Photo of Teresa HuizarWelcome to September. Like everything else in 2020, it’s not a normal September—it’s strangely quiet without the usual bustle and flow of school buses in the mornings and raucous dismissals in the afternoons. Nevertheless, children are back in school, in one form or another, and that gives us reason for hope.

When the pandemic shuttered our world back in March, we knew what it would mean for vulnerable children: Children out of school and isolated from caring adults is a perfect storm for abuse. We know that 78% of abuse happens at the hands of a parent, while another 10% of perpetrators are a relative or an unmarried partner of a parent. That is to say, nearly all abuse happens in the home. Meanwhile, our nation’s teachers, law enforcement, social services, medical, and mental health professionals collectively report more than two-thirds of the nation’s child abuse cases.

And during the shutdown, we were asked repeatedly about whether we’d see a spike in child abuse—I’m sure many of you fielded this question, as well. But that’s the wrong question. The real question we needed to ask was how many children were being abused with no trusted adult around to report it? Now, for the first time, we have an accurate picture of the answer. The nation’s 900 Children’s Advocacy Centers (CACs) have sent us their statistics for the first six months of 2020, and they’ve served 40,000 fewer kids this year than they did at the same point last year.

  • 40,000 children whose teachers were never able to ask what’s wrong after class.
  • 40,000 children whose coaches never had the chance to notice something’s off about their attitude.
  • 40,000 children whose doctors never had a chance to notice a strange bruise.
  • 40,000 children whose aunts and uncles and grandparents might not see them often enough to confirm a bad feeling.

It’s enough to make one despair. But CACs have never been about despair—to the contrary, we’ve always been about hope. And now, as schools begin to reopen and the opportunities for children to reach out to a safe adult resume, hope begins again. Hope isn’t limited to the school grounds, though. There are plenty of ways for each and every one of us to get involved and help. You could be a family member, a teacher who only knows a new student through a computer screen, a dental hygienist, or a delivery driver. Every moment you have with a child in your community is an opportunity to make a difference. Here’s what you can do:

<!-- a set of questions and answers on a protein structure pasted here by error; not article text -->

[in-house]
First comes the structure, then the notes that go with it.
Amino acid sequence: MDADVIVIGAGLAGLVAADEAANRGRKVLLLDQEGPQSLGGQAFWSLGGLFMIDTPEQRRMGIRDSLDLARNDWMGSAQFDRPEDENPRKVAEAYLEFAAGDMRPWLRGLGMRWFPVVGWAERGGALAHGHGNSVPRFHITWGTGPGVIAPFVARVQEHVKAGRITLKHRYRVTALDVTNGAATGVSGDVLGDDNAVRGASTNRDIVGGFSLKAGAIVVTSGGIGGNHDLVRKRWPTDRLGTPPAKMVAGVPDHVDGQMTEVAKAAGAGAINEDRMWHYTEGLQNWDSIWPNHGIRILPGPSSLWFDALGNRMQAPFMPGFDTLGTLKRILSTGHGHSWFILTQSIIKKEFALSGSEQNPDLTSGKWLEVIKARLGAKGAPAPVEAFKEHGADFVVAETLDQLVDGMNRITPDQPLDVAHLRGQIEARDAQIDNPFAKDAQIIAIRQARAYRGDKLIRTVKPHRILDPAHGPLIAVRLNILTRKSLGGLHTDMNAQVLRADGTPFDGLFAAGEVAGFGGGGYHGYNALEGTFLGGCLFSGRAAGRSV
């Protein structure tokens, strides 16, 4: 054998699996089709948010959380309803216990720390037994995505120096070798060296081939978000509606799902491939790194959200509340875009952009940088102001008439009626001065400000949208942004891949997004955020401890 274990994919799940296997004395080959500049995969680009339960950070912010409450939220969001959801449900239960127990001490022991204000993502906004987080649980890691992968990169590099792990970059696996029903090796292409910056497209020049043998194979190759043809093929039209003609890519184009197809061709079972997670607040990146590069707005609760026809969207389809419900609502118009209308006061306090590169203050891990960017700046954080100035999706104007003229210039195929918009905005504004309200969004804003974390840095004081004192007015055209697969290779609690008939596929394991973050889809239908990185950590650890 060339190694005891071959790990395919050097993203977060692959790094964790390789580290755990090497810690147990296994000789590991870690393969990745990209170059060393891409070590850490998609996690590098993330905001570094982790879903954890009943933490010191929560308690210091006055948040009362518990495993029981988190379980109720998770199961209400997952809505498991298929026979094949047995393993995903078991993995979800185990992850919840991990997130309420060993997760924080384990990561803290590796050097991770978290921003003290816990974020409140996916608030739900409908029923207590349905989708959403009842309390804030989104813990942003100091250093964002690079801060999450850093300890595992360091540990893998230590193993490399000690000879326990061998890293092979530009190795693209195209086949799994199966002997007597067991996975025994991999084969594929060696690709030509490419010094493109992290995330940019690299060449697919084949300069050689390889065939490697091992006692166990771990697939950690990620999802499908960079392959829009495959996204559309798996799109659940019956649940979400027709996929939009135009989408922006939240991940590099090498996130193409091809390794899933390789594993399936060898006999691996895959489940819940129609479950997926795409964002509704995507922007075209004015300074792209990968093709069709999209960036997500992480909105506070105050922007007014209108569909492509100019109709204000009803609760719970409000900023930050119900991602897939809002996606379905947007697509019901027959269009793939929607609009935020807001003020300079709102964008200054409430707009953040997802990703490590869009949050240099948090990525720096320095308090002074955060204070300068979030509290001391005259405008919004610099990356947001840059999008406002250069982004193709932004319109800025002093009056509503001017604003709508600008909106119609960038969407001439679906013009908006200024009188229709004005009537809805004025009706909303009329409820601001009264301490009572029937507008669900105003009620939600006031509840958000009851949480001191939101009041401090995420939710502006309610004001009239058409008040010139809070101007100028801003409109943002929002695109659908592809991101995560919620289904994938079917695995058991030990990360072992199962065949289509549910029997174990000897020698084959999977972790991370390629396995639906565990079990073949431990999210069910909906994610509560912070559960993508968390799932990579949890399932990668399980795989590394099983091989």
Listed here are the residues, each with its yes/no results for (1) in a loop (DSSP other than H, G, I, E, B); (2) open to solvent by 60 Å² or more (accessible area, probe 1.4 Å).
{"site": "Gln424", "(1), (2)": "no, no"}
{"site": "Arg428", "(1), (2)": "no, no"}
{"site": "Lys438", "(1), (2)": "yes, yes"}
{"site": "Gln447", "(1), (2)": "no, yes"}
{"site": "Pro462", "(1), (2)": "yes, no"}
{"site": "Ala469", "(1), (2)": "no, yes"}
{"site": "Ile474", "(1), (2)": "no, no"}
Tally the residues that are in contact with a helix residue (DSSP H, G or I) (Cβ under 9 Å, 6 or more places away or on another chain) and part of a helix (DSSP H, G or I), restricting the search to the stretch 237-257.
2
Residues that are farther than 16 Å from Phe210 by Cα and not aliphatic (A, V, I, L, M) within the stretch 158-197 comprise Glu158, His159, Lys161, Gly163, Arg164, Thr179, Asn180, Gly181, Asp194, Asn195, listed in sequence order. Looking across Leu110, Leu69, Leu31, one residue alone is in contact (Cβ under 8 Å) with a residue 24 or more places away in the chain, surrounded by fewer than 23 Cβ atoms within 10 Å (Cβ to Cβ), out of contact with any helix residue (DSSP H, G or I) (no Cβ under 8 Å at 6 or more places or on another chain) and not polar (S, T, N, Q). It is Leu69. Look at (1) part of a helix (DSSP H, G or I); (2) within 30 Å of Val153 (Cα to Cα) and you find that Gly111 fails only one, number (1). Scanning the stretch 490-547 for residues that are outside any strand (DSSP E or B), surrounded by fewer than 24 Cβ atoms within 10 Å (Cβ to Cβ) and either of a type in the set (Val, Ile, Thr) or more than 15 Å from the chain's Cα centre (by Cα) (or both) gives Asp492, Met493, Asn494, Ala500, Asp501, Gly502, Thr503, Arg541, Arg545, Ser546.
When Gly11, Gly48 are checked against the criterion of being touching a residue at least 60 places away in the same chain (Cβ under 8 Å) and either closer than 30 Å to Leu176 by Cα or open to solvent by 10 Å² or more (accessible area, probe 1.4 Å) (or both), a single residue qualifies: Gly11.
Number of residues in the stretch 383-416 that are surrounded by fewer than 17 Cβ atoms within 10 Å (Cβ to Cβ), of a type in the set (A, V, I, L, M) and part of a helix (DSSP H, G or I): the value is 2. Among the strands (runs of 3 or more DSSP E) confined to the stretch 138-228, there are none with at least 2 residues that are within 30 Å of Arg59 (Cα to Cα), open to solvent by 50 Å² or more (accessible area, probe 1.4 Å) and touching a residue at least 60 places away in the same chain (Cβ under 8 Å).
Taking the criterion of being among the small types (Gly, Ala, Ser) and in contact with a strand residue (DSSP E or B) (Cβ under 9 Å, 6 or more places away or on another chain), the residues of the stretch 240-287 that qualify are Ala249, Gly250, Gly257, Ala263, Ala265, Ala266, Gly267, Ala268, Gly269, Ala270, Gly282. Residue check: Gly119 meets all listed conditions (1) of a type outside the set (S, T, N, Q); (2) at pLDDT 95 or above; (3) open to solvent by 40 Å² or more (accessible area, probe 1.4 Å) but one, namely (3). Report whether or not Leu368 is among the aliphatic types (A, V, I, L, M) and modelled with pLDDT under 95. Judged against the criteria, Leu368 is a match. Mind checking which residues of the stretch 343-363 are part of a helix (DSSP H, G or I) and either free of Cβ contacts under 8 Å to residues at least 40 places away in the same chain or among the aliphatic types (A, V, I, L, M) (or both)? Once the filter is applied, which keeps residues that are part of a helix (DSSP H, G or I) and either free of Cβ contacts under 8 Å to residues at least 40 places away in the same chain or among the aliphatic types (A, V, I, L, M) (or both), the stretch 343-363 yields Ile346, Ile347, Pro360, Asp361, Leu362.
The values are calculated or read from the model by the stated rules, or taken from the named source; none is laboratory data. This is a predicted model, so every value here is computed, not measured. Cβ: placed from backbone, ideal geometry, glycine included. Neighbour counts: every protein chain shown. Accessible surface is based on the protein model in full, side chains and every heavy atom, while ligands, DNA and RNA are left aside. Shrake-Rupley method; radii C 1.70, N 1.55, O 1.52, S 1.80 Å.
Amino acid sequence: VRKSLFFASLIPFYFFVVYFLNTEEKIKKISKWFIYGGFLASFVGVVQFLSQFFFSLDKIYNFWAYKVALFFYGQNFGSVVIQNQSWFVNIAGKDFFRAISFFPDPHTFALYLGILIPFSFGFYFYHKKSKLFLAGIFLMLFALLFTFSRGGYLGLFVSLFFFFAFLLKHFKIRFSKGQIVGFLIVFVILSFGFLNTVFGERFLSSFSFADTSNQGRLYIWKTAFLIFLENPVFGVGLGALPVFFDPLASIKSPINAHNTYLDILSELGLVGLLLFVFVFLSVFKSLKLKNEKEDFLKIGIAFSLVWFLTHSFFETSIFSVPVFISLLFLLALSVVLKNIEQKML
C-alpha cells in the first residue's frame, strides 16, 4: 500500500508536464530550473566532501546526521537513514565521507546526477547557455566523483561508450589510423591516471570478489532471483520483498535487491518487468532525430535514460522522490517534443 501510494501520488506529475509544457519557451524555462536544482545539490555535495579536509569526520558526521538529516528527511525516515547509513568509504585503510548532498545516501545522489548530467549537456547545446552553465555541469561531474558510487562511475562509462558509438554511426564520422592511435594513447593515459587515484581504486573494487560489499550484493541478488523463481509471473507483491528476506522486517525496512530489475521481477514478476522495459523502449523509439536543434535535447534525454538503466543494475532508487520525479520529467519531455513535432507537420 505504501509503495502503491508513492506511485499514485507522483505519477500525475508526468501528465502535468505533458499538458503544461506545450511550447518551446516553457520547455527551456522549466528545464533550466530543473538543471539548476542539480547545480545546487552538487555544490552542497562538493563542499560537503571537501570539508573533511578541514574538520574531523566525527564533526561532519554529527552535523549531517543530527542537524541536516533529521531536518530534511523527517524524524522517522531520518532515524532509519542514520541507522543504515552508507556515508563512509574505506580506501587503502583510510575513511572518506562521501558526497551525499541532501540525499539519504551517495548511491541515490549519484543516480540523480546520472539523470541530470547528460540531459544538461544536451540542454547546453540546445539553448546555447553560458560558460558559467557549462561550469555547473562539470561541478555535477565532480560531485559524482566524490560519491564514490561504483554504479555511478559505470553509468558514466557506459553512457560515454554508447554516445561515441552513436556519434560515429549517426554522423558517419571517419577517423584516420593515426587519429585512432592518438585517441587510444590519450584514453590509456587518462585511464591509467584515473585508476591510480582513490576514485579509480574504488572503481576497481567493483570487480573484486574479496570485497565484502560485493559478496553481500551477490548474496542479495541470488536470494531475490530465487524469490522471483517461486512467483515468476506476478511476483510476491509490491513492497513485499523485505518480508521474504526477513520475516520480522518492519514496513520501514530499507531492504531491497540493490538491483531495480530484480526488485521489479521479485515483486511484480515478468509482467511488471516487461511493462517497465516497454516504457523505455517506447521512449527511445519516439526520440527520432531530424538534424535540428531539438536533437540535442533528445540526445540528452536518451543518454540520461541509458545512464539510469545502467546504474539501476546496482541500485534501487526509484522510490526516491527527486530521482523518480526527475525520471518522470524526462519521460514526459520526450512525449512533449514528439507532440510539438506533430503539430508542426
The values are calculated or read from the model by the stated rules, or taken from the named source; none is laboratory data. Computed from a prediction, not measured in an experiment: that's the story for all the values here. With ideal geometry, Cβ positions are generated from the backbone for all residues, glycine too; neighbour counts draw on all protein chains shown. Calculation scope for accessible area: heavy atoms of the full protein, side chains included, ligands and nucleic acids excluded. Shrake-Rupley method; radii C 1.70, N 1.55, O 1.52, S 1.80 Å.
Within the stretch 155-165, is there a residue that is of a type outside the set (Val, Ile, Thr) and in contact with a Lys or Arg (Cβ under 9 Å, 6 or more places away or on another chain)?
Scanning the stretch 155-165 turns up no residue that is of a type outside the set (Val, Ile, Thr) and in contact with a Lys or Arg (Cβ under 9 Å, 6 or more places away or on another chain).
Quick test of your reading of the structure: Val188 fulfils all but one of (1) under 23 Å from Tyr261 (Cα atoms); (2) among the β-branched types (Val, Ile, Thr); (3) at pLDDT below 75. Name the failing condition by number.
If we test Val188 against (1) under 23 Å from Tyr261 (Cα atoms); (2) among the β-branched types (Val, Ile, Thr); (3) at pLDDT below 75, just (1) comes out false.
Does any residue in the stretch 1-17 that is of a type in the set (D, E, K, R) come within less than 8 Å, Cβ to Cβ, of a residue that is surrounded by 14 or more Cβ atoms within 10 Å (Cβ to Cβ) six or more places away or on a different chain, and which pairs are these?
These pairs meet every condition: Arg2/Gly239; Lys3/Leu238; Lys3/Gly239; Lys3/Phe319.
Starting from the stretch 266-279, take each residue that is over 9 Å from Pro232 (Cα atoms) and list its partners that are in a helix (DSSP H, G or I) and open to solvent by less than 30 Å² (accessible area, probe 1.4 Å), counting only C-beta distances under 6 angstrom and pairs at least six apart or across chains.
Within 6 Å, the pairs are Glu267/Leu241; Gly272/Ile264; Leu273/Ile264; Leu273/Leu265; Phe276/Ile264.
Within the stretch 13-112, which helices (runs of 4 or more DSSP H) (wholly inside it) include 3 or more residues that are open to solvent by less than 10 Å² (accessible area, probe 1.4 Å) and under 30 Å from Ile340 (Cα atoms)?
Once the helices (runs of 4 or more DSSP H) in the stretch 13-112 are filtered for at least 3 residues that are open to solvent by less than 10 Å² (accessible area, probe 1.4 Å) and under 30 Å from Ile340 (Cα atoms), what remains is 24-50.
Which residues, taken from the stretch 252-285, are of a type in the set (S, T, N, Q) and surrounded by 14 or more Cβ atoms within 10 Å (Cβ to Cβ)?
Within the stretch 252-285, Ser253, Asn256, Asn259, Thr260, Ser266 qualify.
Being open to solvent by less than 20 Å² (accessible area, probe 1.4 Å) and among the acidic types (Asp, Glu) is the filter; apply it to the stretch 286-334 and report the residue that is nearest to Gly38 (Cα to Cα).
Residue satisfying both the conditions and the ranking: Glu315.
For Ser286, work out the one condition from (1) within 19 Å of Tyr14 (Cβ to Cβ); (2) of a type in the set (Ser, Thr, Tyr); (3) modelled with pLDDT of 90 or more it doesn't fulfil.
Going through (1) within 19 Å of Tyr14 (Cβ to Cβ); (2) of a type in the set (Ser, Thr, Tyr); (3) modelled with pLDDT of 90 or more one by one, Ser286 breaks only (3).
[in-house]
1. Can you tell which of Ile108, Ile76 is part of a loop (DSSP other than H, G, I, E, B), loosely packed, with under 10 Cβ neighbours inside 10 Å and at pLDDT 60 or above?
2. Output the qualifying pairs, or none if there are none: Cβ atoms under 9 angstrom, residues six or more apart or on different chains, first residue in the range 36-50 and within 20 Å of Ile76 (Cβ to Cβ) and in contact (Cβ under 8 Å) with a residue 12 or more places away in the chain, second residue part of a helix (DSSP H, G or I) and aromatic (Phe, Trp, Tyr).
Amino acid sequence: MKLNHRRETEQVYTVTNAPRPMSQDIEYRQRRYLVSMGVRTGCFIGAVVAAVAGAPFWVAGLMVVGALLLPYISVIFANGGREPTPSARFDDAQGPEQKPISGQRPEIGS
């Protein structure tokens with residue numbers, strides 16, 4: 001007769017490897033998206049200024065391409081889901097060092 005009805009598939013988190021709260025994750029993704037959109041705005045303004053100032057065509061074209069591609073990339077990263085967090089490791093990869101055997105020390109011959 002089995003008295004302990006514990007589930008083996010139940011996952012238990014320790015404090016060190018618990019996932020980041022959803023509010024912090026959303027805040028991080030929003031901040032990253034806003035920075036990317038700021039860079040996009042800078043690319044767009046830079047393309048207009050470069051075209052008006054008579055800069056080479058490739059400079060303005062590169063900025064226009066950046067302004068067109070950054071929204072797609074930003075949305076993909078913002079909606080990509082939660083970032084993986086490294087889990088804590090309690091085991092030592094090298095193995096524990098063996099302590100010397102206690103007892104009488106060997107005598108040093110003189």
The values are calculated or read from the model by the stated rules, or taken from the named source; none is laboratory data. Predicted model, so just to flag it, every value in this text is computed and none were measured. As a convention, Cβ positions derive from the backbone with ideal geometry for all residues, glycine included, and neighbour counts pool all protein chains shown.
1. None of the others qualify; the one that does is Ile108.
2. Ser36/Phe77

• Know the signs of abuse.
  • Learn your legal responsibilities in your state. In nearly every state, some jobs are mandated reporters of child abuse, and in 18 states and Puerto Rico, all adults are required to report suspected child abuse.
  • Say hello to children and parents in your community when you can. While not every child (or parent) is going to open up to you right away, if something is wrong, establishing rapport with the people who frequent your workplace or community hubs establishes you as a safe adult who might make the critical difference.
  • Contact your local CAC and talk through any concerns you have about a child in your life, or about making the report. They’re here to help.
  • If you suspect child abuse—yes, even suspect it—make the report.

Together, we can restore hope and help the children who need us most to heal, recover, and thrive.

Teresa Huizar

Teresa is the Executive Director of The National Children’s Alliance.  Pasco Kids First is one of 39 Children’s Advocacy Centers in the state of Florida that is fully accredited by the National Children’s Alliance meeting the highest standards of practice to serve kids.

For more information, visit